And I need to take the GRE. I have never been good at taking standardized tests. Mostly because I always read into the question too much. Which also happened before I ever became an English major. But, the GRE needs to be taken if I want to apply to UCLA. Only because I want to make sure that my application looks as polished as possible.
I’ll be seeing Jonathan Safrans Foer in a week and half. And I hope to see Cornelia Funke in two weeks? She will be reading from her new book “Inkdeath” which comes in Germany September 28th. The English translation will not be available until next Spring. Her children’s books are fantastic (both in a quality sense and fantasy sense). Dustfinger remains one of my favorite characters, even if he is a bit unreliable. Farid tops about all literary children’s characters. (Can you tell I like fire?)
Books I am interested in that are coming soon:
Neil Gaiman (illustrated short story that was originally published in Smoke and Mirrors in UK only)
And I can’t remember anyone else….or anything else…
Books I’m really not interested that are coming soon:
Stephen King (I just haven’t liked anything that he has written recently)
It girl books
Gossip girl books
Its been a couple days and a lot has happened so my memory is fuzzy. I need to still look a little deeper (which I haven’t been able to do lately either) and see what is good that is coming out.
A great man in the coffee business passed away a couple weeks ago, Alfred H. Peet. LA Times had a good editorial on Monday September 17th about him. What did he do but move and shake the coffee world from Folgers to Starbucks eventually (though he is the founder of Peets Coffee and Tea).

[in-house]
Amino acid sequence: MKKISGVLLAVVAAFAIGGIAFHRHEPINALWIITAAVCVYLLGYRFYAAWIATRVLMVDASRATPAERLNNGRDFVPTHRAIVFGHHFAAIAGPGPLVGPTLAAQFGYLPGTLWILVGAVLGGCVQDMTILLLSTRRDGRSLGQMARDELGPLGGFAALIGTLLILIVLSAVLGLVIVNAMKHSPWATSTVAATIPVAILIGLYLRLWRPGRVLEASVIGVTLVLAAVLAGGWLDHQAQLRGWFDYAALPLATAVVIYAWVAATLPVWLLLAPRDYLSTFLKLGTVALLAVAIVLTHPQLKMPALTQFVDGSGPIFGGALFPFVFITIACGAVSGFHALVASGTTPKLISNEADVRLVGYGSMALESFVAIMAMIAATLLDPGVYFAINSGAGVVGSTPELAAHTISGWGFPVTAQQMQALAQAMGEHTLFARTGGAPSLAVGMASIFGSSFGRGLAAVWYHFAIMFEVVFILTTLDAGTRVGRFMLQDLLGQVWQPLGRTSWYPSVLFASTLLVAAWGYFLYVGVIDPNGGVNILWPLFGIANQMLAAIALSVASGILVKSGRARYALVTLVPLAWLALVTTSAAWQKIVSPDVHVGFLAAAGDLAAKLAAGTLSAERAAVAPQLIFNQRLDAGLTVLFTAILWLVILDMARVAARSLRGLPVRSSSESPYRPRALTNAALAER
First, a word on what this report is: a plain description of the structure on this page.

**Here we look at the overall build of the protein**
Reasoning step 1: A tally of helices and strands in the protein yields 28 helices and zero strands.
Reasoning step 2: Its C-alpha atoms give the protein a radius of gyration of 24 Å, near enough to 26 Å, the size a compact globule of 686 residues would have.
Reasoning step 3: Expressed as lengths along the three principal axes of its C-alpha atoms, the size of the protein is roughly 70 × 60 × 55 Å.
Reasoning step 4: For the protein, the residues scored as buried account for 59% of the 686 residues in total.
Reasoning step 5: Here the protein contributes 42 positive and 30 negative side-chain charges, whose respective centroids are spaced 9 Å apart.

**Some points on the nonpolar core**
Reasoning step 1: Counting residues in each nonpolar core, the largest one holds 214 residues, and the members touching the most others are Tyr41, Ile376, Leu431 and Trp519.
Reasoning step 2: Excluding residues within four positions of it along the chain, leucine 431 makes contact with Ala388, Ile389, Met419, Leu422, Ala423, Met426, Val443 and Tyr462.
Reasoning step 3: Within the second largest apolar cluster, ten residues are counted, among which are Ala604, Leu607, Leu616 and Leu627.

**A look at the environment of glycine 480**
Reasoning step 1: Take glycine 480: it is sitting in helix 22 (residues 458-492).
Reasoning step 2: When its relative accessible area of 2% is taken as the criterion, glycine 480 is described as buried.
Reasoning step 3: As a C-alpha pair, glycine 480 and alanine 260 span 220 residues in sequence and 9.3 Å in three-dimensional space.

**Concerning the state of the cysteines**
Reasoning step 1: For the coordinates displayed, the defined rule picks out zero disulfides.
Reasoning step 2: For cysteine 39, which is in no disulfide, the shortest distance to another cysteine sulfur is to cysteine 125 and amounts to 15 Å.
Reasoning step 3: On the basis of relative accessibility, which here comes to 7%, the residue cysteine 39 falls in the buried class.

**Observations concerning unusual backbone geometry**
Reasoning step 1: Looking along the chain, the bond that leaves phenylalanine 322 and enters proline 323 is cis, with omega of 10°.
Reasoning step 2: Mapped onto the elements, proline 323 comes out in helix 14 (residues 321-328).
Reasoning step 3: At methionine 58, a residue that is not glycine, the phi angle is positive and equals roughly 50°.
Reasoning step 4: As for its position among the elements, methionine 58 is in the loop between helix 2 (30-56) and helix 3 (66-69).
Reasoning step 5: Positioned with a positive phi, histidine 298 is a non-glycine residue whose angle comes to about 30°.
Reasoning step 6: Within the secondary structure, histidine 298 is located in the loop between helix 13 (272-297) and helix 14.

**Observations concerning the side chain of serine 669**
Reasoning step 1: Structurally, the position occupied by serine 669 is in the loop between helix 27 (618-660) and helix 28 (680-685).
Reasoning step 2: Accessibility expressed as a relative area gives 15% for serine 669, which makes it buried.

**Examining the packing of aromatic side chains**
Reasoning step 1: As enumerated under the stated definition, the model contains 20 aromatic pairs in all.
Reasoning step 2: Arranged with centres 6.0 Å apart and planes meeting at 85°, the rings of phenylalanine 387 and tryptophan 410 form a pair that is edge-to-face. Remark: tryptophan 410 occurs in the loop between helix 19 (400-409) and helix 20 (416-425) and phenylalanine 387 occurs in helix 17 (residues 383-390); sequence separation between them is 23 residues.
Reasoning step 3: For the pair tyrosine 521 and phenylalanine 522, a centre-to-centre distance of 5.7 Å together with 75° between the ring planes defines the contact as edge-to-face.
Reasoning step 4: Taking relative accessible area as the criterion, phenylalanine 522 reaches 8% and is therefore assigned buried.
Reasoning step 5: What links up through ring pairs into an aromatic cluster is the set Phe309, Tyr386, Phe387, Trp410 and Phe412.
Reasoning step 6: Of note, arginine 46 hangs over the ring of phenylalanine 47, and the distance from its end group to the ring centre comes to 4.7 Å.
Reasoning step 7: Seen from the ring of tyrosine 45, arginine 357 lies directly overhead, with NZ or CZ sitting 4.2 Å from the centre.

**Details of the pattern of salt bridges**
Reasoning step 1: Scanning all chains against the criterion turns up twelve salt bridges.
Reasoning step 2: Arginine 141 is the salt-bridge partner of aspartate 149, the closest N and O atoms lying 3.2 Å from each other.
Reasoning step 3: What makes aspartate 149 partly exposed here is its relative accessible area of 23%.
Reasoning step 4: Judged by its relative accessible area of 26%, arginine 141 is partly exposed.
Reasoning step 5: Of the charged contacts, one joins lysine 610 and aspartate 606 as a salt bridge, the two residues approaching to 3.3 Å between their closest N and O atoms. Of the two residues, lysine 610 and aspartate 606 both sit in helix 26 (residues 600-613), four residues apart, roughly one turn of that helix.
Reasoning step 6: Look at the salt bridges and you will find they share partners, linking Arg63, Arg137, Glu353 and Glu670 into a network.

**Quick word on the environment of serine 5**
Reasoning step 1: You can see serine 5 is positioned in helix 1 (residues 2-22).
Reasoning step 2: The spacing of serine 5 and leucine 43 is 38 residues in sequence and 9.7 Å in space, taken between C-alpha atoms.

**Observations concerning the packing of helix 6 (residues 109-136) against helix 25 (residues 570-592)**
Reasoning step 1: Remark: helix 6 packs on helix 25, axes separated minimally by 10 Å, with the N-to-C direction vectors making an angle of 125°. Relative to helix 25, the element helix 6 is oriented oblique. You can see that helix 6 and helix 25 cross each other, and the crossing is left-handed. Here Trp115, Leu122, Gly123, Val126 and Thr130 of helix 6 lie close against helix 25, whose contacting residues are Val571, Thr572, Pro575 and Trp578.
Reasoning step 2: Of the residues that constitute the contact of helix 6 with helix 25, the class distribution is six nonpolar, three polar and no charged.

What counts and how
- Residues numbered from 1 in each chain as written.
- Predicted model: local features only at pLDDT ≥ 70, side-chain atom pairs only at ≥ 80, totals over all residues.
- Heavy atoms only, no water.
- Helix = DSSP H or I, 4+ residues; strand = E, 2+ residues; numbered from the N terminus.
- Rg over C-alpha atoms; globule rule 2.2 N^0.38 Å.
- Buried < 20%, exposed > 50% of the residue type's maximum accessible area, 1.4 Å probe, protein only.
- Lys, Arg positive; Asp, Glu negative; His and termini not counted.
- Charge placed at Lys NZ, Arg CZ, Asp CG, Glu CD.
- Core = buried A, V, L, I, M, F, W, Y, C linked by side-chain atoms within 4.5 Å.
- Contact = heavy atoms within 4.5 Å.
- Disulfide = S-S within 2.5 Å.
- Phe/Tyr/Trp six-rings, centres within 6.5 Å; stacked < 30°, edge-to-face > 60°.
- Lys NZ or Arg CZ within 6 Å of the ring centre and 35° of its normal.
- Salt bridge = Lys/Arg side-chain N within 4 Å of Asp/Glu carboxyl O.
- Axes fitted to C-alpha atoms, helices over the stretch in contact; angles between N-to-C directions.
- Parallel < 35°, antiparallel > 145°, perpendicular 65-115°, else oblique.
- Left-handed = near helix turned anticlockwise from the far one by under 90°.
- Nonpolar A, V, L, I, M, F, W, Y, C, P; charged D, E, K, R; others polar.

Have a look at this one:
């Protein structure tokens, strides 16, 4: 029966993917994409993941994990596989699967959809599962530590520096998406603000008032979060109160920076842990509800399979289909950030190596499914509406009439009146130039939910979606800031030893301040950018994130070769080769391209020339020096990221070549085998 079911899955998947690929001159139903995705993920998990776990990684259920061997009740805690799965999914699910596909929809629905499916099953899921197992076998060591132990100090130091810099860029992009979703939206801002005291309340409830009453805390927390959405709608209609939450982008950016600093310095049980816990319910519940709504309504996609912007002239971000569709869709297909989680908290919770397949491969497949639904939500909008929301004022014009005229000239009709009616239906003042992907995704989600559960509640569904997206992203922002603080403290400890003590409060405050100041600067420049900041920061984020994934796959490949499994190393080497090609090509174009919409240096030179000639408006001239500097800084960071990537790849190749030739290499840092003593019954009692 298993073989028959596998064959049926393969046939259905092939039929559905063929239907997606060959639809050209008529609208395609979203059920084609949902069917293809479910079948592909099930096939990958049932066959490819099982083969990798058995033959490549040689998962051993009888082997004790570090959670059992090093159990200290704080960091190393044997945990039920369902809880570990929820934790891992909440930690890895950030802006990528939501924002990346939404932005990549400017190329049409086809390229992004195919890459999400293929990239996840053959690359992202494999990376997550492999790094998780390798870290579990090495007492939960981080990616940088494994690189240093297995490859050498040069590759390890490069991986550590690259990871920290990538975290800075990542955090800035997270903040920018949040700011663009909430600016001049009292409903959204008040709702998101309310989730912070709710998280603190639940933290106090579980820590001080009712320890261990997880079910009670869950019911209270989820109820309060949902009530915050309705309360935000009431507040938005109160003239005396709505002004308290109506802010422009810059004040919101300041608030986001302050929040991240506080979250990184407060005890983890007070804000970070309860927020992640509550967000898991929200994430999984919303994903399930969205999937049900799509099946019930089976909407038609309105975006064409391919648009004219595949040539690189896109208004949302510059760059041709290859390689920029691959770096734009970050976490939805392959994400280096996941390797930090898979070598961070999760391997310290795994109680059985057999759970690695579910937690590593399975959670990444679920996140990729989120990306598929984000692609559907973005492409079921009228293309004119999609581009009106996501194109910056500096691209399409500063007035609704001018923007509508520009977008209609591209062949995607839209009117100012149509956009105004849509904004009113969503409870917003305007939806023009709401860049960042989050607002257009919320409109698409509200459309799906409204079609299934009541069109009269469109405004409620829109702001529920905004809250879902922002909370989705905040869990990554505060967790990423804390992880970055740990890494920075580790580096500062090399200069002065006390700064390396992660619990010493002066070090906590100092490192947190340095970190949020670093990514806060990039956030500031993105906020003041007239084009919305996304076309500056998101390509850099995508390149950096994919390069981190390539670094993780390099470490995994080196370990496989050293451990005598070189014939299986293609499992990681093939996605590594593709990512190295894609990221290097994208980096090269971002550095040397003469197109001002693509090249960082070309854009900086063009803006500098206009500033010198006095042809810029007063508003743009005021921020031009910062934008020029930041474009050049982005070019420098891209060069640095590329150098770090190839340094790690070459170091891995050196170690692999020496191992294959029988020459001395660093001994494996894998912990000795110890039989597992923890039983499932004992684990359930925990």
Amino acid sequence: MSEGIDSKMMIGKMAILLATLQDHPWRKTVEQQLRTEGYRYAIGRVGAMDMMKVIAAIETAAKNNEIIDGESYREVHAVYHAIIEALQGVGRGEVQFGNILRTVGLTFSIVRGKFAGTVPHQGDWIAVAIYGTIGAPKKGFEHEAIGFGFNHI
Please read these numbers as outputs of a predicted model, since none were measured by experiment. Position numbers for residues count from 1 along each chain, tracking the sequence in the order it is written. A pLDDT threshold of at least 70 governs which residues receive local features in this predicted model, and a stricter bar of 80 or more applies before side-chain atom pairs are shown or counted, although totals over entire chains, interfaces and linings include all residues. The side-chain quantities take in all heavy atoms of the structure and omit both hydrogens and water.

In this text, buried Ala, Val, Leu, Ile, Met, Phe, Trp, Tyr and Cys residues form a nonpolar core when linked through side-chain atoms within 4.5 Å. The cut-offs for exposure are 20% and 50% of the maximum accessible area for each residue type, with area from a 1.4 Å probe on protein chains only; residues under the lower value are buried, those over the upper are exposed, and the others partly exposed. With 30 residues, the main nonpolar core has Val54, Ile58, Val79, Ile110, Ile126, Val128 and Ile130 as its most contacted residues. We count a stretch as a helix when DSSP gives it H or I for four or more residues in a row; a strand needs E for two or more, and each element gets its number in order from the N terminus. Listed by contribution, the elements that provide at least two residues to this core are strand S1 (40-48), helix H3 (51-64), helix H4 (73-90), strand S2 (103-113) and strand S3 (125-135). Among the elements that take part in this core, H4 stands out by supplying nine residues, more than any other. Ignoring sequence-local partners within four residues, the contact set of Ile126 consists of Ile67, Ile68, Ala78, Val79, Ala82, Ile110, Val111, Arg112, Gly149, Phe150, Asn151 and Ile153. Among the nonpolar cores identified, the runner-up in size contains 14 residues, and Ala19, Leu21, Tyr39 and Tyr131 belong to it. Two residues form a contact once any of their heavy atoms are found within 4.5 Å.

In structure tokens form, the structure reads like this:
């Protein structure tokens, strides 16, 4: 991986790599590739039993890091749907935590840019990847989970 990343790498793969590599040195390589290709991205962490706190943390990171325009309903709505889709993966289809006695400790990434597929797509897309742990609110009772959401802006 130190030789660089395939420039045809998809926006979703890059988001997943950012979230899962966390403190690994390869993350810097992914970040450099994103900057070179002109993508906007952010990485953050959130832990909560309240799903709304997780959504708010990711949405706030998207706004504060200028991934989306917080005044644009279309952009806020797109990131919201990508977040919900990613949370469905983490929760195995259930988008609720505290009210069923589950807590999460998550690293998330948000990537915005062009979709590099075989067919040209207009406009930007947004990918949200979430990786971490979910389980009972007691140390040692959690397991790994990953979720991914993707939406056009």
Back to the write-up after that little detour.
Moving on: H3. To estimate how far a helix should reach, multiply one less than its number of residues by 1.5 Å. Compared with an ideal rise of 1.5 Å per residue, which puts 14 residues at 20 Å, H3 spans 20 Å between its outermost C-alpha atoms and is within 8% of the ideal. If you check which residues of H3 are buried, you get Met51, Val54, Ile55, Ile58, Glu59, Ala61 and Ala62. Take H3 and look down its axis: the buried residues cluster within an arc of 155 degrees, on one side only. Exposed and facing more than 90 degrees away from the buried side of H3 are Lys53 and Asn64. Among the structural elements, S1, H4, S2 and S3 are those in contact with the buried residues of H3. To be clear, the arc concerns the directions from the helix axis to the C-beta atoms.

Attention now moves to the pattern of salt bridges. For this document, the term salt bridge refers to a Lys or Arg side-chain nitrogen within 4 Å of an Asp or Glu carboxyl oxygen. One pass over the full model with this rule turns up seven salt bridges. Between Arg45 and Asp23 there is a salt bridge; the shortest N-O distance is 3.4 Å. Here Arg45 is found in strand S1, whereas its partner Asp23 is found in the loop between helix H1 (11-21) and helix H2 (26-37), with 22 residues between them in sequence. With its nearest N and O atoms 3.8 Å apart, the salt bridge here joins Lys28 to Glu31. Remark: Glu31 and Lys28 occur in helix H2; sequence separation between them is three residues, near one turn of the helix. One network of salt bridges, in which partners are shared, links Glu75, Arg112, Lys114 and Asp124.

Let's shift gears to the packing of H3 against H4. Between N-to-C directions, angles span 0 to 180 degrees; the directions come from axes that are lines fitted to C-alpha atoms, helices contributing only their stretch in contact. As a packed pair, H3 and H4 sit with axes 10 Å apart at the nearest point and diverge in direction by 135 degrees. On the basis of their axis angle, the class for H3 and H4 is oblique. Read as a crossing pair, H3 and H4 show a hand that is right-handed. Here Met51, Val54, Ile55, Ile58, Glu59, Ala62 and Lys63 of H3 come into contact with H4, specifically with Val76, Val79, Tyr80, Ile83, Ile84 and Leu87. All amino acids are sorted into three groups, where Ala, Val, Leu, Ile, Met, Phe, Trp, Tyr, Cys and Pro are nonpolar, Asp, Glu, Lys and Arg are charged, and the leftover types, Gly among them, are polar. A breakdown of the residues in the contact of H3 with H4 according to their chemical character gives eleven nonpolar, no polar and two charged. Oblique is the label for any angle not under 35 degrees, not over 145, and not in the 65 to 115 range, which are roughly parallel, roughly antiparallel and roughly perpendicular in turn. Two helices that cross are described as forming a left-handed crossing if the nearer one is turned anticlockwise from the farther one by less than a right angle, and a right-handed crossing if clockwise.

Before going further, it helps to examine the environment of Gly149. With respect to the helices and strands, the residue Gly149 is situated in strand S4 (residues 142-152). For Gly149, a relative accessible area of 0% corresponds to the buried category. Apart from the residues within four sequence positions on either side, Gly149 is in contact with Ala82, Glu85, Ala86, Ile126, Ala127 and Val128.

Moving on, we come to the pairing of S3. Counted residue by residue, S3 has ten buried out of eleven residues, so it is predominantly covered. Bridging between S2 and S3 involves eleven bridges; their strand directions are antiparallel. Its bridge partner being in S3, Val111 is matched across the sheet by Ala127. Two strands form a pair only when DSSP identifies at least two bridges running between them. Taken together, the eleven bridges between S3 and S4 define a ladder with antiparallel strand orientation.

And I’m still not done with Moby-Dick. I still despise books with boats and endless oceans of water. I would never make it as a sailor.
I ran across this at work today, a poetical book about Moby Dick. I cannot find any information as of yet, but here is a poem from it in honor of me beginning the giant task of reading Moby Dick.
Ishmael: Loomings, Christmas Day, Late
The Pequod‘s bows, vindicative, blunt with doom,
appareled with the jawbones of dead whales,
drove eyeless eastward into her sea room.
She caught the night wind in her thrumming sails
then slanted southward on the vague sea trails
far past Nantucket where the hungry dark
devoured the circles of eternity,
and Ahab braced himeself on his stumped mark
to schism blankness into agony
and prove him human to the alien sea.
The Struck Leviathan Poems on Moby Dick
Go check it out:
A real post will be following shortly.